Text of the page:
What are the ten themes?
Tefillin: Tefillin are donned by Jewish men over the age of 13 every weekday, excluding Shabbat and biblical holidays, and can be worn from dawn to sunset. Tefillin is a Mitzvah which connects our intellect and emotions to G-d. The Rebbe encouraged his disciples to help as many Jews as possible with this great Mitzvah.
Campaign launched: Spring of 1967 (5727).
Torah: Judaism is defined by the holy Torah. From the moment G-d gave his people the Torah at Mt. Sinai, Torah study has been the cornerstone of Jews and Judaism for all time. Parents rocked their children with the hope that they would grow up to be true Torah scholars, and through good times and bad times, the words of Torah learning never ceased to spill forth from the mouths of the Jewish people.
Campaign launched: 1974 (5734).
Mezuzah: Affixed to the doorpost of every Jewish home is a small scroll containing verse of the Torah laying down the foundations of our faith. It’s our Jewish home identity marker, and it’s G-d’s way of providing security to His children. The Talmud tells us that the Mezuzah protects the occupants of the home it graces. The protection package extends remotely too – even on the road, the Mezuzah protects its owner.
Campaign launched: February 7th, 1974 (15th of Shevat, 5734).
Charity: G-d planted needy people in this world in order to train us in the noble art of giving. The Torah reflects this with the strong obligation to give “Tzedakah.” Indeed, Tzedakah – commonly translated as charity – is one of the paramount Mitzvot of the Torah. A Jew always shares of his own with his brother and sister in need.
Campaign launched: Summer 1974 (5734).
Jewish Books: Jews are often called the “People of the Book.” It is important for a Jewish home to be full of Jewish Books. Create your own Jewish library at home. Donating Jewish books to a community library or synagogue is also encouraged. Don’t forget the kids either – buying them Jewish books “for keeps” is a great way to teach them to cherish their Jewish heritage.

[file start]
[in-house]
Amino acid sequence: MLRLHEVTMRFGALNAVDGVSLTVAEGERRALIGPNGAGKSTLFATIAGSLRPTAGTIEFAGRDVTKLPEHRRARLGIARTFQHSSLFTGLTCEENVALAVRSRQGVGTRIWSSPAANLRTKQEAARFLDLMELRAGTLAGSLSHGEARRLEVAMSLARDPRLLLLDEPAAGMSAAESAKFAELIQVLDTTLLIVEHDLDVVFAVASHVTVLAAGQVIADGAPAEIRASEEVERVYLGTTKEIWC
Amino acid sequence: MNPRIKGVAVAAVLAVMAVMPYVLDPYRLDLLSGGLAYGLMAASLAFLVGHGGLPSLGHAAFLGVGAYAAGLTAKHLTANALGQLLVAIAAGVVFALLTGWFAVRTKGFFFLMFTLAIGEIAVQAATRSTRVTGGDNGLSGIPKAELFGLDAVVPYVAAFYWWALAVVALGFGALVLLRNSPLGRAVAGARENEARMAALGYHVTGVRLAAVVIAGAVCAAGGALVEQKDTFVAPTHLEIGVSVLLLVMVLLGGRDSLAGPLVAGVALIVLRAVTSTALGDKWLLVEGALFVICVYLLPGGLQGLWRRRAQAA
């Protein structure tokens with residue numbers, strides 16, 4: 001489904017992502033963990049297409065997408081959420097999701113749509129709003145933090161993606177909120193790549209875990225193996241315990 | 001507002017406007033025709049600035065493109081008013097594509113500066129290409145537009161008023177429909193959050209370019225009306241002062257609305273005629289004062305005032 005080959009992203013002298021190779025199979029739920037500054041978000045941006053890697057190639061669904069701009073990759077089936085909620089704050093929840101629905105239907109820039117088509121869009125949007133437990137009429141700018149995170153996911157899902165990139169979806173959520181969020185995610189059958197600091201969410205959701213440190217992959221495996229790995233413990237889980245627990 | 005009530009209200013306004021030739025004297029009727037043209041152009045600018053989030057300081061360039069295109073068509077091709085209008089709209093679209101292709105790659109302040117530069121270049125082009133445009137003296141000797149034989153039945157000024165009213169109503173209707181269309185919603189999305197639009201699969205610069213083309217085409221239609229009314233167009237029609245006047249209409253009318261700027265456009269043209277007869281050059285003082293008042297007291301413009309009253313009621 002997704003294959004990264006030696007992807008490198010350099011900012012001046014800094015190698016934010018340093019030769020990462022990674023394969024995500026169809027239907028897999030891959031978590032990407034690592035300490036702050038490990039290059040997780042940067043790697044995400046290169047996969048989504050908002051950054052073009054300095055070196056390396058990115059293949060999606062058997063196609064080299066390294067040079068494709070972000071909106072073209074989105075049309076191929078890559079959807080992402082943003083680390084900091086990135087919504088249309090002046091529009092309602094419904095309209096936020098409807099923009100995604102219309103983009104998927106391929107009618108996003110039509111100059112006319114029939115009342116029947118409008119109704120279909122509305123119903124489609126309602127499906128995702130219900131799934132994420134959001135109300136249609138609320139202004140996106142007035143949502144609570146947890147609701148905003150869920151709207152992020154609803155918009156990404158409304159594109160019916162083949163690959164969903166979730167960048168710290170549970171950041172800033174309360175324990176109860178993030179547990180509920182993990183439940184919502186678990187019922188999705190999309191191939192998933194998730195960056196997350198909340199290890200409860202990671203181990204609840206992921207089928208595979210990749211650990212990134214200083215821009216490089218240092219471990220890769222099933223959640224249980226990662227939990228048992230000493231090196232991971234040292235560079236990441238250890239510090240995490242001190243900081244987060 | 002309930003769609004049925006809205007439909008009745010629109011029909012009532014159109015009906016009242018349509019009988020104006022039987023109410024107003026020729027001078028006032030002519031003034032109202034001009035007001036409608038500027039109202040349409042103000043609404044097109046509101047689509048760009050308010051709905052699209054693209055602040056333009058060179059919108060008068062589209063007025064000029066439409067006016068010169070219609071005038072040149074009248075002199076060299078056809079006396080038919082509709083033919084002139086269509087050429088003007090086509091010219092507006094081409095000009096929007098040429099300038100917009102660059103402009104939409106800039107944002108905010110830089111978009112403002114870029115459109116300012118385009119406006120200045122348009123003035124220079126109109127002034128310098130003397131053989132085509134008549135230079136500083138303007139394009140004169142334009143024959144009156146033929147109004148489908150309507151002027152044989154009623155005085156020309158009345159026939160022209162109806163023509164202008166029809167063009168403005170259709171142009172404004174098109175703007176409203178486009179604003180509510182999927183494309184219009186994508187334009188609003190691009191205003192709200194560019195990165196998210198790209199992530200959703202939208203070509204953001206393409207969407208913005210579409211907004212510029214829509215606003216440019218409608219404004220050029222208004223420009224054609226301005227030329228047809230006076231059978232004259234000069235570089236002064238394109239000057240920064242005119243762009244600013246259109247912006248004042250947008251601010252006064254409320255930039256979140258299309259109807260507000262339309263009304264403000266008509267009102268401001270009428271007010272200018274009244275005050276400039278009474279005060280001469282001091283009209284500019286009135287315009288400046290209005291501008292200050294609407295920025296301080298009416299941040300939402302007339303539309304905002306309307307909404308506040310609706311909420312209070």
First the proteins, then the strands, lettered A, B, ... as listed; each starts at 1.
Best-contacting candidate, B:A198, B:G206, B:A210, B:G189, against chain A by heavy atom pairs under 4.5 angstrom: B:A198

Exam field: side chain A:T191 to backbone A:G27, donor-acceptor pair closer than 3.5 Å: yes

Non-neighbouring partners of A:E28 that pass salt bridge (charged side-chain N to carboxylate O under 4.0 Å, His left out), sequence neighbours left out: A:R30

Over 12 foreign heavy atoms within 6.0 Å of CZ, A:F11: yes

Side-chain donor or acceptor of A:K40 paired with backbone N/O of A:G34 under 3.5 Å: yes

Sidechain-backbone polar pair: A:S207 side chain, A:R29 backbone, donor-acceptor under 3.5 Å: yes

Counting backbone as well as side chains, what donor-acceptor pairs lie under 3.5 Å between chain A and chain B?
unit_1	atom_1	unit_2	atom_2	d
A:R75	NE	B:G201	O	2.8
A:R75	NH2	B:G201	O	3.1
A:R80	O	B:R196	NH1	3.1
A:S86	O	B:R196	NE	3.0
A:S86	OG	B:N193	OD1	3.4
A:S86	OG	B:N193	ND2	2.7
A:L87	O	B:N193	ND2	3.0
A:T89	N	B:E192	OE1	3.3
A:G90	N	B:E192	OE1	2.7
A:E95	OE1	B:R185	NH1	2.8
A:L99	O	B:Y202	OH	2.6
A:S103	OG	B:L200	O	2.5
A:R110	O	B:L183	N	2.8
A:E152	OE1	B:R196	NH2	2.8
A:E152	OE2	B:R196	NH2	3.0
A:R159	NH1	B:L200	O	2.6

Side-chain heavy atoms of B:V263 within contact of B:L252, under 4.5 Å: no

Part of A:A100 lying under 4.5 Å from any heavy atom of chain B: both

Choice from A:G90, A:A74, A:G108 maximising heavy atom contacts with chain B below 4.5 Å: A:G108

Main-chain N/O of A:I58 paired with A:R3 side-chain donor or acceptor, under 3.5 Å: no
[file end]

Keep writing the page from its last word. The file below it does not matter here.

Campaign launched: Summer 1974 (5734).
Shabbat candles: A little flame dispels a lot of darkness, and so, Jewish women – the couriers of “light” to the world – light candles at the onset of Shabbat every week, to bring the warmth and light of the Torah and its commandments to their homes. The Jewish woman is trained in at a very young age; even girls three years old are encouraged to light the Shabbat candles.
Campaign launched: September 11th, 1974 (24th of Elul, 5734).
Family Purity: The laws of Family Purity take a complex part of life with many emotional strings and bring it to a whole new level of meaning. It elevates the man, the woman, and their relationship. Observance of this Mitzvah introduces a Divine aspect in to the marriage, which brings blessings to the entire family and added blessings for a healthy pregnancy, labor, and child. Plus, it can keep a relationship fresh and exciting.
Campaign launched: June 25th, 1975 (16th of Tammuz, 5735).
Kosher: More than a burgeoning business and a major health fad, kosher food is the “Jewish diet.” The Torah mandates that a Jew keep strict dietary laws which set him apart from the nations of the land and distinctly shape his lifestyle. Keeping a “kosher kitchen” and eating only in kosher establishments is a highly rewarding experience.
Campaign launched: May 10th, 1975 (29th of Iyar, 5735).
Jewish Education: Education consists of two aspects, self education and educating others. The goal of the campaign for “Jewish Education” is to assure that every Jewish child receives a Jewish education. The children carry on the legacy and tradition of their elders, and thus secure the continuity on the Jewish nation.
Campaign launched: 1975 (5735).
Loving your fellow Jew: The Jewish People, are compared to a human body. We are one people, and we ought to love and respect each and every Jew. When we truly care for each other we become a stronger people.
Campaign launched: September 13th, 1976 (18th of Elul 5736).